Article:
After many, many years in limbo, “Creepshow” is finally revived by Shudder/AMC Networks for a modern generation bringing the love child of George Romero, Tom Savini, and Stephen King back for more terror. Premiering exclusively on the Shudder streaming service (then later on AMC), “Creepshow” is led by legendary Gregory Nicotero, doing everything to pay tribute to the EC Comics and the 1982 horror masterpiece. With six episodes featuring stories by Joe Hill (NOS4A2), Joe Lansdale (Bubba Ho-Tep), Josh Malerman (Bird Box), and Paul Dini et al., “Creepshow” is a great companion to the original pair of classic anthology films.
Show runner and Director Nicotero prefers to stick to the original comic book format for this revival, centering more on the original and adapted short stories, where the Creeper resides as a background presence. At two short stories per episode, “Creepshow” offers up a first season that varies in tales that might just please anyone clamoring for a return to the universe. Among the best of the horror tales, there’s the addiction allegory “Gray Matter,” the ambiguous tale about insanity called “The Finger,” the excellent revenge tale “All Hallow’s Eve” the classic EC Comics morality tale “The Man in the Suitcase,” which is easily my favorite of the season.
There are also some genuine chillers like the throwback to contemporary folklore “The Companion” and “Lydia Layne’s Better Half,” another classic comeuppance tale that thrives on suffocating claustrophobia and ends on a high note that’ll leave many talking. Even weak tales like “Night of the Paw” and “Bad Wolf Down” aren’t much, but end on particular high notes. All in all, despite its limited budget, Nicotero and co. are able to produce some fantastic horror yarns, all of which pack in dark comedy, pretty creepy twists, and a ton of nods to the original Romero/Savini/King films.
“House of the Head” and “Gray Matter,” in particular, offers some very clever meta-nods to Stephen King, even bringing in one of banner icons from “Creepshow 2” for the former tale. The cast are also pretty excellent with folks like Giancarlo Esposito, Cailey Fleming, Tricia Helfer, Tobin Bell, DJ Qualls, and Adrienne Barbeau (returning to the “Creepshow” universe!) respectively, appearing for some banner performances.
“Creepshow” is a pretty excellent carrier of the torch for Romero’s love child, and it promises even more surprises with the upcoming second season. For fans of physical media, this is a great compliment to the deluxe editions of “Creepshow” and “Creepshow 2” for the library.
The set from Image Entertainment and Shudder features story-specific audio commentaries for various episodes with Episode 5 even featuring two commentaries. Greg Nicotero offers up a lot of info within the commentaries. The commentaries include Episode 1 featuring Greg Nicotero & co-writer Philip de Blasi for Gray Matter – Director John Harrison with Michael Felsher for The House of the Head, Episode 2 featuring Michael Felsher and Rob Schrab for Bad Wolf Down – Greg Nicotero with writer David J. Schow, Episode 3 for The Man In The Suitcase Audio Commentary featuring Michael Felsher with John Harrison for All Hallow’s Eve, and Michael Felsher with David Bruckner for The Man in the Suitcase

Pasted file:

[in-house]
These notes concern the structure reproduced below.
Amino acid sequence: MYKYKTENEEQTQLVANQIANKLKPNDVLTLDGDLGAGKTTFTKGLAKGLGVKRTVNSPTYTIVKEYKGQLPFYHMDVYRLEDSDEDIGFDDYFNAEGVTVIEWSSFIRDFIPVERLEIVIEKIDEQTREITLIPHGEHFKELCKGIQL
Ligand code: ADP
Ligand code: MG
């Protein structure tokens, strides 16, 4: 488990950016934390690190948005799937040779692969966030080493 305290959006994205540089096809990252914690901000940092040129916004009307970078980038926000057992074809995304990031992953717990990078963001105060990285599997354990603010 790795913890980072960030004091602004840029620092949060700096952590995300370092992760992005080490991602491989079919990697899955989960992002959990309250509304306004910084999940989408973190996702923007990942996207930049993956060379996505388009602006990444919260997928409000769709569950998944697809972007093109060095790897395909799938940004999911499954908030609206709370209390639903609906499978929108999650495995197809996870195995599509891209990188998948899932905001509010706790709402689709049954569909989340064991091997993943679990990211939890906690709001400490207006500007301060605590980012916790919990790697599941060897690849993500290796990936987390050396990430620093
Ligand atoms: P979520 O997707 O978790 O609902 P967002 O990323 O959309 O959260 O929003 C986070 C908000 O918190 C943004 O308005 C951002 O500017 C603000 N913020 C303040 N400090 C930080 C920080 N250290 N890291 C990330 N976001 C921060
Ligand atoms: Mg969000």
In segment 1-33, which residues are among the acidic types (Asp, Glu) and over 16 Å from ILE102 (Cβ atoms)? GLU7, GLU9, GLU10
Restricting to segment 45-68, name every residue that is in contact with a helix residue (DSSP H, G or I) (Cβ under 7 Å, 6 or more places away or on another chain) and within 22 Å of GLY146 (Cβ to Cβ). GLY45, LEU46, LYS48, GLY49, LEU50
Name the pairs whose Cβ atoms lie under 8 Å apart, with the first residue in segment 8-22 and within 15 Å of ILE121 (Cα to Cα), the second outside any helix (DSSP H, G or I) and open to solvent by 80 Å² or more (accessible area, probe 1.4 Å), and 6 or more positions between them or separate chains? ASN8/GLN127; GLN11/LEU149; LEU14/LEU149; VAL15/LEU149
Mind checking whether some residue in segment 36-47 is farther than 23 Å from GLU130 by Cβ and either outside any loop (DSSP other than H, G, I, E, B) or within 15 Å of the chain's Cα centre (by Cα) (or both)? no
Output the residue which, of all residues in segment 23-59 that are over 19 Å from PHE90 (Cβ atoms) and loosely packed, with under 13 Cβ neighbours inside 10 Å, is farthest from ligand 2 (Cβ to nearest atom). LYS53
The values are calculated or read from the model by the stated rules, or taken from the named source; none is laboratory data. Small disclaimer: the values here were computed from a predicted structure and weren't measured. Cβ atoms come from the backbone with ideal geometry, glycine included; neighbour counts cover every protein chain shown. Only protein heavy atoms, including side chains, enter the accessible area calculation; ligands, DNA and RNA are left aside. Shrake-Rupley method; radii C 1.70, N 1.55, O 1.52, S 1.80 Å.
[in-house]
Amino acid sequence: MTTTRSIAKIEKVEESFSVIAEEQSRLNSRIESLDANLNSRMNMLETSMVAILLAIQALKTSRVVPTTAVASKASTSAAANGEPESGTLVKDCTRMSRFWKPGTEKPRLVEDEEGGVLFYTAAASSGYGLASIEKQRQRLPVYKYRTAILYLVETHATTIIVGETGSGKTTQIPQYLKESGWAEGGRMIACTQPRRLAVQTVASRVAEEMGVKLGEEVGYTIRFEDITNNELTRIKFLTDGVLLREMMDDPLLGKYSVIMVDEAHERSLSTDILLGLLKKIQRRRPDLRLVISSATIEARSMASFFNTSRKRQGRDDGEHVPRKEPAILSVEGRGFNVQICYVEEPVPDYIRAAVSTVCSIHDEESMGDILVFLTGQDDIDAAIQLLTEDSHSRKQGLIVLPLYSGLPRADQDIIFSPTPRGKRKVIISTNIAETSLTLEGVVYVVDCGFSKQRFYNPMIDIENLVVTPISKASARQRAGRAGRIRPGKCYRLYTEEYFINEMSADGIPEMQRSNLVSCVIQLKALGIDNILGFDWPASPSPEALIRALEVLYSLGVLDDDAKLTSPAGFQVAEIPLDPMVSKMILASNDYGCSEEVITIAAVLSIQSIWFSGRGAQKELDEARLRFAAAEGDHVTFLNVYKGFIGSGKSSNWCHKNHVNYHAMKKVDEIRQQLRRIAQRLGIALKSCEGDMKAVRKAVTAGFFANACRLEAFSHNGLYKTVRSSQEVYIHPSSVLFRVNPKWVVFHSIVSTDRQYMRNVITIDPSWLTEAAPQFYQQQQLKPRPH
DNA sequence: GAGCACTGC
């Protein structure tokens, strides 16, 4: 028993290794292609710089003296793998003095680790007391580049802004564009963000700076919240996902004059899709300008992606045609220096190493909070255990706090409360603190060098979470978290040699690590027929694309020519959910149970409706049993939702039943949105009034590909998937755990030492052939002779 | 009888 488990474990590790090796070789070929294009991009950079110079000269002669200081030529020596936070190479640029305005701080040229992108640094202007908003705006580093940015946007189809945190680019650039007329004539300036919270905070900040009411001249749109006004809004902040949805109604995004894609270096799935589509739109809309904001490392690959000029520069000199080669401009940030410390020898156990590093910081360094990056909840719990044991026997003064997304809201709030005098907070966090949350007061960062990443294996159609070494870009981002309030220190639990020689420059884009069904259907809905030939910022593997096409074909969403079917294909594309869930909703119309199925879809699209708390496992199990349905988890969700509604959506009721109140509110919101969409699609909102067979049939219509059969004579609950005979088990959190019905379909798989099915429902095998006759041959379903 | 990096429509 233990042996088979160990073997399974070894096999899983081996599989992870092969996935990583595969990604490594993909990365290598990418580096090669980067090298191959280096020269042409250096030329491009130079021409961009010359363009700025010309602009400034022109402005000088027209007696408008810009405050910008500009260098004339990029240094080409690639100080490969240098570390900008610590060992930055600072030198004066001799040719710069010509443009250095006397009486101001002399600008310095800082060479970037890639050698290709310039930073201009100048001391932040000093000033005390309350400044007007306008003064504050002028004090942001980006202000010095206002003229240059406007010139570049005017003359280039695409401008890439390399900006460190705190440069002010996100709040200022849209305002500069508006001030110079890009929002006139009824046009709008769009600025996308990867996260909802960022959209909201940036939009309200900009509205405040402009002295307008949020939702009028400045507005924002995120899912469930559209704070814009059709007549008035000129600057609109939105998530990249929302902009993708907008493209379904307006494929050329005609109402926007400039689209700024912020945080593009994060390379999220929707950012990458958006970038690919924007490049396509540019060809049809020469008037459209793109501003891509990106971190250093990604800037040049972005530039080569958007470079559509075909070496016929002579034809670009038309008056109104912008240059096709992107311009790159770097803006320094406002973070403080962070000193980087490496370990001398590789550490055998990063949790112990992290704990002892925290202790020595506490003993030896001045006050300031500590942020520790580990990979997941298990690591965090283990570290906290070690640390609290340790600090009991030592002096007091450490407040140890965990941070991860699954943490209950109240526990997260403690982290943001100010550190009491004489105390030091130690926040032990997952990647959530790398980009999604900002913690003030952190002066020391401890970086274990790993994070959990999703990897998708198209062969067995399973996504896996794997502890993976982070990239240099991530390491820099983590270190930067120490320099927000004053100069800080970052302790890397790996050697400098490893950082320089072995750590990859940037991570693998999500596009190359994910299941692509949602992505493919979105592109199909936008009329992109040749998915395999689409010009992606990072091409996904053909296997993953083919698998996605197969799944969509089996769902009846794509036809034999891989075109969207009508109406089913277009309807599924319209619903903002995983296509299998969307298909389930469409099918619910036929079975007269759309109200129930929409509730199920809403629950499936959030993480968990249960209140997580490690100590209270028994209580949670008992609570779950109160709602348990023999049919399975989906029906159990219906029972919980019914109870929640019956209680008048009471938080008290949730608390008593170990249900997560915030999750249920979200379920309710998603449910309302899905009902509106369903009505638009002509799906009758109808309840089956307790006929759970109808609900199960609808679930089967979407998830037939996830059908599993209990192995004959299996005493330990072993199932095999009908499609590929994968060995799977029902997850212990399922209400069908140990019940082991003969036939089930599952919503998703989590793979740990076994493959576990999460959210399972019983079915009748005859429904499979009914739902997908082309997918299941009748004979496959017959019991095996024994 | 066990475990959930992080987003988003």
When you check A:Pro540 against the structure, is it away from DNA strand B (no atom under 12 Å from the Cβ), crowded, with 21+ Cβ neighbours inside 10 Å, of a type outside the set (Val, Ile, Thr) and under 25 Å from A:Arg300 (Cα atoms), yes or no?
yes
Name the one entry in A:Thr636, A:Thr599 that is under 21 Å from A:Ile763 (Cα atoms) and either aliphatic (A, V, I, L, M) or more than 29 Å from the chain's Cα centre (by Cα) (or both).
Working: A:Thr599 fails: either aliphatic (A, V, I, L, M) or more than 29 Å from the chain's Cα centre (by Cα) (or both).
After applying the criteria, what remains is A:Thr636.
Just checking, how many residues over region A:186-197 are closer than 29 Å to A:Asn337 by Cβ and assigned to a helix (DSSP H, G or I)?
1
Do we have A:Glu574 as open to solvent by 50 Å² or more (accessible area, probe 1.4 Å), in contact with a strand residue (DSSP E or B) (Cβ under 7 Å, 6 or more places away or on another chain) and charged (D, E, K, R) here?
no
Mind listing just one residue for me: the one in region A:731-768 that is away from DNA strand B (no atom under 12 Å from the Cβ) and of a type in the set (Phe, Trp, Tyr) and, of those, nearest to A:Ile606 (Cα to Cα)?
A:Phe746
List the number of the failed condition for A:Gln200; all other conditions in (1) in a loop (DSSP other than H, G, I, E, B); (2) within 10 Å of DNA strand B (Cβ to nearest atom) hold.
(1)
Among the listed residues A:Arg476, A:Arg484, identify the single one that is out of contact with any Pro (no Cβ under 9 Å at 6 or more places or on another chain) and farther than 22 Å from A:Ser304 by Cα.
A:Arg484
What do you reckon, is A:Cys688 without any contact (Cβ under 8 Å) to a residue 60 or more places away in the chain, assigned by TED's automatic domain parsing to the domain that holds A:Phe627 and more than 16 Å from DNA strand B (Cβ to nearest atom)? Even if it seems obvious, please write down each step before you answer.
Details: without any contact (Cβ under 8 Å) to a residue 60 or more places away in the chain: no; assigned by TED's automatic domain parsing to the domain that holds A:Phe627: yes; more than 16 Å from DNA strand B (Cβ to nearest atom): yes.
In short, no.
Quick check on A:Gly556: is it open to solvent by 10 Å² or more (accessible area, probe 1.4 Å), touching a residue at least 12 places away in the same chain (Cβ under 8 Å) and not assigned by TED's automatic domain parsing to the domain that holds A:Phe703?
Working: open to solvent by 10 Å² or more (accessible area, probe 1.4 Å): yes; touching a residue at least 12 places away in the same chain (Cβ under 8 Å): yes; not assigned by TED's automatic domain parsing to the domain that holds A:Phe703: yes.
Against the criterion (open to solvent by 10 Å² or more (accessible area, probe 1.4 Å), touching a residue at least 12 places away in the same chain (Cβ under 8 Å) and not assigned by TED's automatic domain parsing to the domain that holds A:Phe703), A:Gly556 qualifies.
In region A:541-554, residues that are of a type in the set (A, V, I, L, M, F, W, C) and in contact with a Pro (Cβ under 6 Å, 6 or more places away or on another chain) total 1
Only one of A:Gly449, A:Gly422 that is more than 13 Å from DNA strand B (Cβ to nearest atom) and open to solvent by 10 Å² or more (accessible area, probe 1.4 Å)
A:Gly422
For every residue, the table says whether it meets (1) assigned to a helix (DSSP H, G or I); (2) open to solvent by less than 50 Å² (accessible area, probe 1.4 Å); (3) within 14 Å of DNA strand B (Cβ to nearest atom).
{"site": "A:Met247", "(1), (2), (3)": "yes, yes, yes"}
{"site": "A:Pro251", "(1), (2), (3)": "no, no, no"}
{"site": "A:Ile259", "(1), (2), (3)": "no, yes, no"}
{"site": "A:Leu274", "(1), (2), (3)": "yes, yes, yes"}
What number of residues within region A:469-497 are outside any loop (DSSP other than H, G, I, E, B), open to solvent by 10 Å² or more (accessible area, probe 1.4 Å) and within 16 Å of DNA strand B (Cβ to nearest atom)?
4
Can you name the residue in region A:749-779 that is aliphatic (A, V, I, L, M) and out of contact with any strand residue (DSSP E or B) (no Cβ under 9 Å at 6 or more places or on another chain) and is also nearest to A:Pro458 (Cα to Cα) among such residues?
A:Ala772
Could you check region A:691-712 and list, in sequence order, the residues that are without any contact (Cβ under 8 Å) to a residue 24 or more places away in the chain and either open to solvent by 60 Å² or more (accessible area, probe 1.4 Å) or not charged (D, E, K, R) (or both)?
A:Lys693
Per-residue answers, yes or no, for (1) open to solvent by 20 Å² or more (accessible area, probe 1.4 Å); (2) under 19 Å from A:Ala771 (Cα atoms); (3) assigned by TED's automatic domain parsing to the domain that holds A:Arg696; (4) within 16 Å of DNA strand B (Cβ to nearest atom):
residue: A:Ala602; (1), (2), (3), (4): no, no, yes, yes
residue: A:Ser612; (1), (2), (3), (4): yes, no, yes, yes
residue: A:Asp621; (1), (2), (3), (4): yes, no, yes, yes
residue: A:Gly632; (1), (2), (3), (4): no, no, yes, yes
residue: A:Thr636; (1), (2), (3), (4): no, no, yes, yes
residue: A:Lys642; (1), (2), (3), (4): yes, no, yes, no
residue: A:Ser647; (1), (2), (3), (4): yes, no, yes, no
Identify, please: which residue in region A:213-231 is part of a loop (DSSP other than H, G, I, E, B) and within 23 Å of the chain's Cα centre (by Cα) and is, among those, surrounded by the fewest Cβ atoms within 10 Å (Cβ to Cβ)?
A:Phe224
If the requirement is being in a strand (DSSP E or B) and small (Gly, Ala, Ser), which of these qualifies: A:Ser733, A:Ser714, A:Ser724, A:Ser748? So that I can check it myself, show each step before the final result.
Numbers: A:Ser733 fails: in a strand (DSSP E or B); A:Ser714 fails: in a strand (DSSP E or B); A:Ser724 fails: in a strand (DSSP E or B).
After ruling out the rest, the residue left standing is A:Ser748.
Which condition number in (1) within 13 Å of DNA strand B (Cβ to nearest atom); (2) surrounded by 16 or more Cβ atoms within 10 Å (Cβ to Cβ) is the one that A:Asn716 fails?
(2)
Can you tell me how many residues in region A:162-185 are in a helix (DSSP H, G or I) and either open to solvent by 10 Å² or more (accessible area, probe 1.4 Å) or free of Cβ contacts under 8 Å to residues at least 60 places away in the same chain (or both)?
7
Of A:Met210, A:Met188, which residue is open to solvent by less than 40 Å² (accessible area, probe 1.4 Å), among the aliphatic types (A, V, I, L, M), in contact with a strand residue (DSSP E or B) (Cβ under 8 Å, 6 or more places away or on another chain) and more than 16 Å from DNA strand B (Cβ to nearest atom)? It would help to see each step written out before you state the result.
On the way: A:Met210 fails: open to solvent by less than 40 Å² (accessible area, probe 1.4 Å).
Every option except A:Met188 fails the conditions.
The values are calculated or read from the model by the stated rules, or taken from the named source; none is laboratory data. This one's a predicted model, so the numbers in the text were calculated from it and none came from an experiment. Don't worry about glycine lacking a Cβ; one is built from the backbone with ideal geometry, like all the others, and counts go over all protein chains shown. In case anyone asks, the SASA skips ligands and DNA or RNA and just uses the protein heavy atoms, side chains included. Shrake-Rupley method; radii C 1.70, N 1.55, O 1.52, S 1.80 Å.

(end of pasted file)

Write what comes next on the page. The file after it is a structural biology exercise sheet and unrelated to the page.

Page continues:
Episode 4 featuring David Bruckner with Matt Venne for The Companion, and Roxanne Benjamin with Greg Nicotero for Lydia Layne’s Better Half, Episode 5 featuring Michael Felsher with John Harrison for Night of the Paw & Times is Tough in Musky Holler and the second pair of commentaries with Michael Felsher with John Esposito for Night of the Paw, and Michael Felsher with co-writer John Skipp for times is Tough in Musky Holler.
Finally there’s the Episode 6 commentary featuring Greg Nicotero, Roxanne Benjamin, Dana Gould for Skincrawlers, and Michael Felsher with Director Tom Savini for By The Silver Water of Lake Champlain. Last but not least, there’s the fantastic hour long “Creepshow Resurrected,” a documentary that tackles the reboot of the famed horror series, and includes episode specific behind the scenes and discussions about their relations to the classic films and whatnot. They can be watched in chapter form or all in one. In either case, it’s a great segment for folks that can’t get enough “Creepshow.”
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